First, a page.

WHY DO YOU CRY TO ME? BETTER SING! – by Rabbi Baruch Cohon

WHY DO YOU CRY TO ME?  BETTER SING! – by Rabbi Baruch Cohon

Rabbi Baruch Cohon

         The 13ththru 17thchapters of Exodus tell some of the Bible’s most dramatic and significant episodes.  After unsuccessfully negotiating with Moses, Pharaoh and his people experienced the last three plagues, starting with Locusts, #8, then Darkness, #9, and finally #10, the most fearsome of all, Death of the Firstborn.  Again Pharaoh tries negotiating after 8 and 9, but fails.  When his own firstborn, the heir to the throne, is found dead – as well as every firstborn of humans and cattle in Egypt – he officially ejects the entire Hebrew nation, adults, children, livestock and all.  Off they go.

         But before they can reach the Red Sea, Pharaoh has another “change of heart.”   What was he thinking?  How could he send away all those slaves?  So he mobilizes 600 shock troops – chariots and horsemen – and gives chase.  Seeing the cloud of dust raised by the pursuing army, the Israelites turn on Moses: “Were there no graves in Egypt?  You had to bring us here to die in the desert?”  Moses assures them that G-d will fight for them, and they are to be silent.  And indeed the Divine pillar of cloud moves from in front of the Israelites to behind them and hovers between them and the Egyptian army.  

         Now they arrive at the sea shore.  What can they do?  Like his people, Moses sees a grim alternative: get slaughtered by the enemy or drown in the sea.  Moses cries to G-d for help, and gets the Divine retort: Mah titz’ak ey-lai?  (We can almost hear Jewish parents asking the same question in Yiddish: Vos shry’stu af mir?)   Moses hears:“Why do you cry to me?  Tell the Israelites to move forward.”  Here a famous midrash supplies the details.  Nothing happens until one man, Nachshon by name, steps into the water. He goes forward until the water reaches his neck, and then – the great miracle!  A powerful wind raises the water to a wall on his right and on his left, and the Israelites cross on dry land.  In his honor, the name Nachshon survives in modern Israel as the example of courageous action.  

The pursuing Egyptian chariots lose their wheels in the deep wet sand, and their riders die in the sea.  The lost wheels of the royal chariots were overlaid in gold.  Just recently archeologists found those gold wheel-covers at the bottom of the Red Sea.  The wooden wheels and the chariots themselves were long since decomposed, but the metal survived!   Yes, it really happened.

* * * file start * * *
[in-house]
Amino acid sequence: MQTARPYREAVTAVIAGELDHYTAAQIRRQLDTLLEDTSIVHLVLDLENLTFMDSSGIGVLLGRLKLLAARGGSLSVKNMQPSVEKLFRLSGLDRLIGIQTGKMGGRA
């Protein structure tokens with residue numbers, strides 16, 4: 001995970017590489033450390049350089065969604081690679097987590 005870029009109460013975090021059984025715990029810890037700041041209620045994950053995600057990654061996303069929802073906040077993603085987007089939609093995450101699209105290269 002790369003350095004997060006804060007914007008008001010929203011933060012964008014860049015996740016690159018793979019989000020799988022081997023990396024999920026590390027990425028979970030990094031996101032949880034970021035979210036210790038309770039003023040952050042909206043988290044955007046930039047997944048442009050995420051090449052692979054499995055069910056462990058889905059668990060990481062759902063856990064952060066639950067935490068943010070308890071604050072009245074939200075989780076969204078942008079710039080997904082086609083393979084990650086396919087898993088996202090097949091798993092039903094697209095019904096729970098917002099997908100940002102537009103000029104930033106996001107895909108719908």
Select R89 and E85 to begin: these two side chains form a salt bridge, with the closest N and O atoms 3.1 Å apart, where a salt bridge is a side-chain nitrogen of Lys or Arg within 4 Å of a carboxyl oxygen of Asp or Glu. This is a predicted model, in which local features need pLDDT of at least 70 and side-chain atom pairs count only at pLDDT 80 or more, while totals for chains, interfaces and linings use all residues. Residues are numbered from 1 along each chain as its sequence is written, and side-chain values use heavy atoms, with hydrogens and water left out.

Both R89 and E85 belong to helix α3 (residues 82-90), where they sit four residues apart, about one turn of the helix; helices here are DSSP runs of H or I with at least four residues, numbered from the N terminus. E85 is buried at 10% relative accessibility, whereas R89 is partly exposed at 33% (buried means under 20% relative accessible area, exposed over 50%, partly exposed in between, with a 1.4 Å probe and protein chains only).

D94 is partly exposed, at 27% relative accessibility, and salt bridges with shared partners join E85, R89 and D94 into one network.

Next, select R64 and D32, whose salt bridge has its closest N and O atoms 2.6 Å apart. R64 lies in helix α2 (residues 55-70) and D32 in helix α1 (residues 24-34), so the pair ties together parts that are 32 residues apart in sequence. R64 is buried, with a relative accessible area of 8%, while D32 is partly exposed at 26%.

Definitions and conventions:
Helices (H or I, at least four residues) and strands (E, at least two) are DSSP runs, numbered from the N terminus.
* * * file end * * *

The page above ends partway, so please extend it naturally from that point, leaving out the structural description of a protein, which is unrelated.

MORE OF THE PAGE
None of these episodes, spectacular as they are, give their name to this reading, however.   This Sabbath in synagogues throughout the world is not called the Sabbath of escape, or the Sabbath of freedom or the Sabbath of broken wheels. It is called Shabat Shira –the Sabbath of Song.  Arriving on the far side of the Red Sea and seeing their enemies sink behind them, Moses and his people sang an epic song of praise and triumph. This Song of the Sea is still chanted with its special melody in this week’s Sabbath morning services.  And this Sabbath provides an occasion to perform Jewish music old and new for many audiences.

Of course the story goes on, as the 40-year trek through the desert is just starting.  In fact, at the end of this section we see the cowardly tribe of Amalek – the jihadists of their day – attack Israel, striking from the rear. A fierce battle ensues. We will read how Moses climbs a hill and holds his sacred staff up high, with Aaron and Hur flanking him, while on the plain below Joshua leads the fight against Amalek.  As the day goes on, Moses’ arms tire and Aaron and Hur have to hold them up so the fighters can see the symbol.  As long as they can look up, they prevail.  Only when they look down do they risk losing.  Courage and confidence lead them to victory, A symbolic tale if there ever was one.

         Among the symbolic stories in this section, one word that gets very little mention – and even gets an inexact translation – appears in Chapter 14 verse 30.  The standard English translation reads: “The Israelites saw the Egyptians dead on the seashore.”  But that’s not what the Hebrew text says. The word for Egyptians would be mitzrim, but the Hebrew says mitzra-yim, which would translate: “Israel saw EGYPT dead.” Not some soldiers floating in the water, but the death of the Egyptian empire.   After defying destiny and denying freedom, Pharoah succeeded only in leading his nation to defeat.  Indeed the ancient power of Egypt never recovered.  King Tut’s fame and the Suez Canal and the Aswan Dam are all the work of foreigners.  Even the population changed when civilized Egyptians were overrun by Mohamed’s primitive tribesmen.  Truly Israel saw Egypt dead.  

         Another significant word-form starts the Song of the Sea.  The Hebrew does not say Az sharMosheh – “Then Moses and the Israelites sang,”but Az yashirMosheh – “Then Moses and the Israelites will sing,” a hint that our great song is yet to come, when we will all sing with the Moshiach – the Messiah, who will bring G-d’s kingdom to Earth.

         Many of us are still waiting.

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